Multiple system atrophy (MSA) is an adult onset, progressive, neurodegenerative disorder of unknown etiology characterized by autonomic dysfunction, parkinsonism (MSA-P) and cerebellar ataxia (MSA-C). The phenotypic spectrum may present overlapping features with other neurodegenerative diseases, particularly the autosomal dominant inherited polyglutamine disorders. To investigate the possible contribution of CAG expansions in the MSA phenotype, we analyzed the triplet repeat length in the autosomal dominant causative genes for spinocerebellar ataxia (SCA) type 1, 2, 3, 6, 7, 17, dentatorubral-pallidoluysian atrophy (DRPLA) and Huntington disease (HD) in a cohort of 246 Italian MSA patients. As comparison, 223 controls were also analyzed. The alleles were classified on the basis of CAG repeat length as "normal", "intermediate" or "expanded" according to literature. The MSA patients (101 men/145 women) had a mean age at onset of 58 years and a mean age at genetic testing of 63 years. MSA-C patients had significantly younger age at onset and at examination in comparison to MSA-P (p < 0.0001). We identified a SCA1 intermediate allele in a MSA-C subject (36 CAG), a SCA2 intermediate allele in a MSA-P patient (31 CAG), and a pathologically expanded SCA2 allele (36 CAG) in a patient initially misdiagnosed as MSA-C. No intermediate or expanded SCA alleles were detected in controls. The distribution of CAG repeat length was similar among groups except for SCA1 gene that showed a higher percentage of longer normal alleles in MSA-C as compared to MSA-P and controls (p < 0.0001). This study supports the utility of polyQ genetic testing in the differential diagnosis of MSA, and may suggest a possible role of SCA1 repeat length as risk factor for MSA-C. SCA1 and SCA2 genetic screening is recommended in MSA Italian patients.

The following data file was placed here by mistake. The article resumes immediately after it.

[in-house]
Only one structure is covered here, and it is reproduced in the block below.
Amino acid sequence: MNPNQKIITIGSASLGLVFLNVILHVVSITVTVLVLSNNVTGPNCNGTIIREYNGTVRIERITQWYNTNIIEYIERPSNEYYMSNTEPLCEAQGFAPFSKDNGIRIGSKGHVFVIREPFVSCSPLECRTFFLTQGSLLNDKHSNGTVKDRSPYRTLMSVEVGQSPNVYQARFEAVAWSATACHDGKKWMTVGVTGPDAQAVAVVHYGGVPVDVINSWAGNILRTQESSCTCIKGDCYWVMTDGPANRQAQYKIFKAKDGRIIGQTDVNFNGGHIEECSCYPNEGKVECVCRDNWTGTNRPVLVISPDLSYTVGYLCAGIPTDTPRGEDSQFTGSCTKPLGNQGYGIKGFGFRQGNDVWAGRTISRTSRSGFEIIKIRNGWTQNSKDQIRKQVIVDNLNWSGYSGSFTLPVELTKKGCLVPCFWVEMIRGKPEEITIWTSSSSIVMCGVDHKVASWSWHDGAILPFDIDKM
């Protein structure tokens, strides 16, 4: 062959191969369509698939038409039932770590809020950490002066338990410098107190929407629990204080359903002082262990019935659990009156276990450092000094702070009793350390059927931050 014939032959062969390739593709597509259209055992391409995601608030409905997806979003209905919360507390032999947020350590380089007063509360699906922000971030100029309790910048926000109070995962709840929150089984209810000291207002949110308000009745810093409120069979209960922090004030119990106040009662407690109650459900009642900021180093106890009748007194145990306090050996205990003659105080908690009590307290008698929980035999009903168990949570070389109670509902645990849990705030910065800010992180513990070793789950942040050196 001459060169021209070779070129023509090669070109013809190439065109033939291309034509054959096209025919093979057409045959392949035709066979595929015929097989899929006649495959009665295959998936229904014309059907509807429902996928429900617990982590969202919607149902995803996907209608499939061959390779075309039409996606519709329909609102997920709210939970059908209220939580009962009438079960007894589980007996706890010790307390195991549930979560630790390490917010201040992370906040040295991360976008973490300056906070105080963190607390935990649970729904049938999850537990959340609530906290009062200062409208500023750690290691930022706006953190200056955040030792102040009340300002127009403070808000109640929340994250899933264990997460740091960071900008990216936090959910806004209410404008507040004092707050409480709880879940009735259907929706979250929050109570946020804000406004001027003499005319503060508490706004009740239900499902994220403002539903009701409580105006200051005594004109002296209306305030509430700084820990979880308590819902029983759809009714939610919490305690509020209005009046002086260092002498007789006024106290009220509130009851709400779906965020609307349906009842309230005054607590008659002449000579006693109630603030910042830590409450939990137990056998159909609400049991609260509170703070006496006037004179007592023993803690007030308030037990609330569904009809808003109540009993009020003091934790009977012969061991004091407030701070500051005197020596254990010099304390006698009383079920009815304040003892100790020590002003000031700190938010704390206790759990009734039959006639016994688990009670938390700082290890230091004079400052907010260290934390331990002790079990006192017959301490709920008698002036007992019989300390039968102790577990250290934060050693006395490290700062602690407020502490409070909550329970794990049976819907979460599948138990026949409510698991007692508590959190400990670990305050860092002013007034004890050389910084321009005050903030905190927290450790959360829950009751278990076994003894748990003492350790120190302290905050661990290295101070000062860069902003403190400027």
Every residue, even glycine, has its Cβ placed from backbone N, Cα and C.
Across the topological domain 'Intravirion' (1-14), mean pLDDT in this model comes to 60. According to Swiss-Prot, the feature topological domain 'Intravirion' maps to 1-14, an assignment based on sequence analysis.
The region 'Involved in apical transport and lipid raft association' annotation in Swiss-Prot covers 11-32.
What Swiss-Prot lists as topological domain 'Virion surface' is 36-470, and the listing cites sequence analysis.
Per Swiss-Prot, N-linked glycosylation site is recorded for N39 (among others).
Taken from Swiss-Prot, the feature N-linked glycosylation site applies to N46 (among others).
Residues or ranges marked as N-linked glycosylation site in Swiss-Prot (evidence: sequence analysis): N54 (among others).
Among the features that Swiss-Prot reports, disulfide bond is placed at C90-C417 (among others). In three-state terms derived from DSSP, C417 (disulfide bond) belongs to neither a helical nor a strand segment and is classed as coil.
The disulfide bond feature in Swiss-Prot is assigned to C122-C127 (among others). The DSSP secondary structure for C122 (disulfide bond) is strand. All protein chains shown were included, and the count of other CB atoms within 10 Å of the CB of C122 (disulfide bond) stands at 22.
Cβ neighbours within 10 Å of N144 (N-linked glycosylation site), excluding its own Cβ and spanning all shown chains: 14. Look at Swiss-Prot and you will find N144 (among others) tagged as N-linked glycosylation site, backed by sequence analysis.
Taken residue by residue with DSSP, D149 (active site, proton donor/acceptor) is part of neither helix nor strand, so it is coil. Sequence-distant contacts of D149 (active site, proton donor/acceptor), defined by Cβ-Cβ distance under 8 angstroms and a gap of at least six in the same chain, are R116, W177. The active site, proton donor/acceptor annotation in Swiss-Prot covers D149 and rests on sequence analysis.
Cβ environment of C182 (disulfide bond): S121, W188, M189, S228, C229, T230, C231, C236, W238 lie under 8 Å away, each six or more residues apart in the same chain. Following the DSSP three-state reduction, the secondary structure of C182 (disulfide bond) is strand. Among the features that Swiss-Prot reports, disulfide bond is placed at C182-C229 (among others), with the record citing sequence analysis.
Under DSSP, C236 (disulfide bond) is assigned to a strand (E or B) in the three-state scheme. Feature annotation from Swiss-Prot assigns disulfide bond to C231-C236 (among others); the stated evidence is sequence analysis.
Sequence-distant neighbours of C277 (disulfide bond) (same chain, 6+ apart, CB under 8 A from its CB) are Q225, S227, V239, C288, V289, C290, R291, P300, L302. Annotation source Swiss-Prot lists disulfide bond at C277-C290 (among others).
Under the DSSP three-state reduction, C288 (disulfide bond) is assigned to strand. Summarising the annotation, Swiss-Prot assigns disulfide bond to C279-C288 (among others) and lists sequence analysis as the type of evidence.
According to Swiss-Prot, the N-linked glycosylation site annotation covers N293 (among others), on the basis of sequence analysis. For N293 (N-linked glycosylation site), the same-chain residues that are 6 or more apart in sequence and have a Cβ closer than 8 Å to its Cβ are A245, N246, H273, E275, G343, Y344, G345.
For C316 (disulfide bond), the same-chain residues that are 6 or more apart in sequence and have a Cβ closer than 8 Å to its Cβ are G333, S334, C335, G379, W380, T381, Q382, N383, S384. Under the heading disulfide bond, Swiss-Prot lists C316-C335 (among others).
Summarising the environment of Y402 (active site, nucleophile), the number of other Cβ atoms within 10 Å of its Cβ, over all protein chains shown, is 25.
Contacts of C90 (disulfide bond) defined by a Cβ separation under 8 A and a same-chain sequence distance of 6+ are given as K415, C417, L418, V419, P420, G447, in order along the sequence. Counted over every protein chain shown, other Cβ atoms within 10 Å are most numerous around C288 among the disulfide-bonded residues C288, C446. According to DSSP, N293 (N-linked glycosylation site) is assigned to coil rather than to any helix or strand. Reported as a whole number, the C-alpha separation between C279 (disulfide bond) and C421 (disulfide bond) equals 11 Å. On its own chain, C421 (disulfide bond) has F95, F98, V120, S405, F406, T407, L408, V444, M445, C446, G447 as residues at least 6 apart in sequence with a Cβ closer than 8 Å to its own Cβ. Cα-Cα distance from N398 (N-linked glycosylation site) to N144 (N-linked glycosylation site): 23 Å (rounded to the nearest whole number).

Keywords: Huntington disease; MSA; Polyglutamine disease; SCA; Spinocerebellar ataxia.
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